All of these women are just extraordinary people. I wanted to work with them because of their dancing and because of who they are, but they are all older now--we’re all older now!--they’re “successful,” whatever that means. We’ve got these jobs, we’re creating art, we’re chairs of departments, we’re successful women. And it’s just interesting to me because I’m not sure we feel that success.

How we feel our power was really interesting to me, how we moved through obstacles. I was interested in telling some personal stories about these women, hopefully something that other people also experience. It went from a political, angry place to “How do we heal? How do we move through? How do we get to this place where we can feel our power, go into our communities and support that?" At the beginning, I was focused on all the negatives: There’s no hope. There’s never going to be a woman president. It’s so deep. And [reflecting on the current presidential candidacy of Elizabeth Warren], we are physically exhausted. I am at the place now where I can’t even read the news.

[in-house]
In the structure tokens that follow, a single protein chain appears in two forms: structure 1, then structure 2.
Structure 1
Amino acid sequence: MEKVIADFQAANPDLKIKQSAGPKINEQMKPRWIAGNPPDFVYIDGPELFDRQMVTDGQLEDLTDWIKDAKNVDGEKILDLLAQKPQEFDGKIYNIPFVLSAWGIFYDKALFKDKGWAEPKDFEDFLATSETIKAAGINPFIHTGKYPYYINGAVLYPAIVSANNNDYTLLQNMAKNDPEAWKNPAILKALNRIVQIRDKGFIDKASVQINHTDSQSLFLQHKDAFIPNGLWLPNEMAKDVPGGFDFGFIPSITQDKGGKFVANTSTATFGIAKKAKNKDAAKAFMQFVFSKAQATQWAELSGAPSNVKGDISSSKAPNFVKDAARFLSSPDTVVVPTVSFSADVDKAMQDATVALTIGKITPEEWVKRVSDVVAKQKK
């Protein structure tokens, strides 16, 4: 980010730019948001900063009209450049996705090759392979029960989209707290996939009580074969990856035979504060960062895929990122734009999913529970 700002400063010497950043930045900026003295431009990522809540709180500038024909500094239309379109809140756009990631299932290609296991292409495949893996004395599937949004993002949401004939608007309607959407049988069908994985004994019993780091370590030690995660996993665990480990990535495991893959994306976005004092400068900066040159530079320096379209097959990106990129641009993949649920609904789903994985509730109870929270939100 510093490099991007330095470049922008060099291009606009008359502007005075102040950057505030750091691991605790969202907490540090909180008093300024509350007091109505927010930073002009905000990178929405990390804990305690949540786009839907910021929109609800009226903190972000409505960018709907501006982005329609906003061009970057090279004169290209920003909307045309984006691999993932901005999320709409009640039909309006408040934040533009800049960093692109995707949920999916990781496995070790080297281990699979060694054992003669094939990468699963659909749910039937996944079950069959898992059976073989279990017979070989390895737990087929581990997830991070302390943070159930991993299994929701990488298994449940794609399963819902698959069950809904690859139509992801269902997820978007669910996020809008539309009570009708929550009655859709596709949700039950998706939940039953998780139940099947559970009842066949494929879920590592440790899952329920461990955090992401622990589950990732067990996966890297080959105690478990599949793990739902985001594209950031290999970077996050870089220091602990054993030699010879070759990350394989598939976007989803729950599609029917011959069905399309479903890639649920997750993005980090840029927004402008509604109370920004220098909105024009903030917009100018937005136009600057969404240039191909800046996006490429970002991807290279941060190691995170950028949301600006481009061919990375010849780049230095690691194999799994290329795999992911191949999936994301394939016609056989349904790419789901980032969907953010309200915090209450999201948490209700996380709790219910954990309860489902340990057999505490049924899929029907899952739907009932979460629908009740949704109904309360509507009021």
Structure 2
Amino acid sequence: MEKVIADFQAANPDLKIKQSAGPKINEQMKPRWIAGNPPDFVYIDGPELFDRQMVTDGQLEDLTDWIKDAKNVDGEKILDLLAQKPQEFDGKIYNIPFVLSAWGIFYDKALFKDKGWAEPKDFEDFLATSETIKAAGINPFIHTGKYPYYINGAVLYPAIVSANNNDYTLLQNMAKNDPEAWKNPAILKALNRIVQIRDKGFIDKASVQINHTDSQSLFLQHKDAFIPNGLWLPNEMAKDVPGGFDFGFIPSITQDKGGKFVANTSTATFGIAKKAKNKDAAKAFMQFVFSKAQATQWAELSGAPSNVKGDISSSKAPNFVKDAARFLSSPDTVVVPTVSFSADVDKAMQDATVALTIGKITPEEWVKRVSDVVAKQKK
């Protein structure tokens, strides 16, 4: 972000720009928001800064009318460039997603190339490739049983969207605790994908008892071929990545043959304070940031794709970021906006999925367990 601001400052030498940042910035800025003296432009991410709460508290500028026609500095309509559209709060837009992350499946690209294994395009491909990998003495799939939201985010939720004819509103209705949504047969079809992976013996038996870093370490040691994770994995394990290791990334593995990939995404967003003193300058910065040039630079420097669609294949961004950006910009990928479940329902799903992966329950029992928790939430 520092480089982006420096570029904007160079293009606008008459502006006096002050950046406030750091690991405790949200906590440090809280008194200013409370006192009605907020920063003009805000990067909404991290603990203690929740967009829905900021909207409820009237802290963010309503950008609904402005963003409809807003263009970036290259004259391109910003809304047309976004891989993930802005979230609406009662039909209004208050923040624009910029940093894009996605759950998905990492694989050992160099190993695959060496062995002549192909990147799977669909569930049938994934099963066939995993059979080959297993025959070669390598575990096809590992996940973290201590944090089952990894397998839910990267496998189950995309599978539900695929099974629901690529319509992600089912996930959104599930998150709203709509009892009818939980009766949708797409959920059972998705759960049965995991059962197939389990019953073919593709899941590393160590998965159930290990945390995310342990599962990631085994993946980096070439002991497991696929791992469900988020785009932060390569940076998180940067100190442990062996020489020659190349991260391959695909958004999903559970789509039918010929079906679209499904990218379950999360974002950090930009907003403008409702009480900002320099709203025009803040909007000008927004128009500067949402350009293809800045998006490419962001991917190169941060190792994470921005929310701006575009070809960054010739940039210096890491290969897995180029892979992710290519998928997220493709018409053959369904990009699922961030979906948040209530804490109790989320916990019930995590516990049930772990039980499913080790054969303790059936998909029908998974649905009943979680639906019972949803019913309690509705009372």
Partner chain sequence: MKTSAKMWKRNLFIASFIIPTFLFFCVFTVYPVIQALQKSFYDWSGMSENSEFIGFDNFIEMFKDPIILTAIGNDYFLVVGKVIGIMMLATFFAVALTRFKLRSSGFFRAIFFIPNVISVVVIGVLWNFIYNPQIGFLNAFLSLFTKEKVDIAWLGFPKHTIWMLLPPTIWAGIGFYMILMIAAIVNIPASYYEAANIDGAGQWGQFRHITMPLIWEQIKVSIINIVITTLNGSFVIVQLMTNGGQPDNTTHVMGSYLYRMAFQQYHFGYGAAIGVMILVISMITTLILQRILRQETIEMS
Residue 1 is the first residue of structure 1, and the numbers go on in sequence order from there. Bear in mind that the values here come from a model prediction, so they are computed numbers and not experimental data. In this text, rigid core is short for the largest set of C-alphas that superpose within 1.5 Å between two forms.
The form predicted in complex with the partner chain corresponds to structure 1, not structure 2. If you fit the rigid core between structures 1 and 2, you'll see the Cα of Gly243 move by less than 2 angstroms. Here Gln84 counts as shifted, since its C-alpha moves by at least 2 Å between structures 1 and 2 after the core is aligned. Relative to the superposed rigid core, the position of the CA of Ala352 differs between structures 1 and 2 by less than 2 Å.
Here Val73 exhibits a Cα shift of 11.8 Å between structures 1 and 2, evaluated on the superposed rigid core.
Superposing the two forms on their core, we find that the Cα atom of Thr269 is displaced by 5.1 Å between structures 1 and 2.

The stories are an important part of the work. I always work with people’s personal history. That’s what’s real for me rather than having them do something that’s in my mind. Collaboration is so interesting.

There are five other women besides myself, and one--Carla Forte--is Venezuelan-born, a dancer and a documentary and feature filmmaker. She lives in Miami now, but I met her in Venezuela fifteen years ago, and we worked together, toured in different places together. I think she has lived in Miami--where I’m from--ten years now.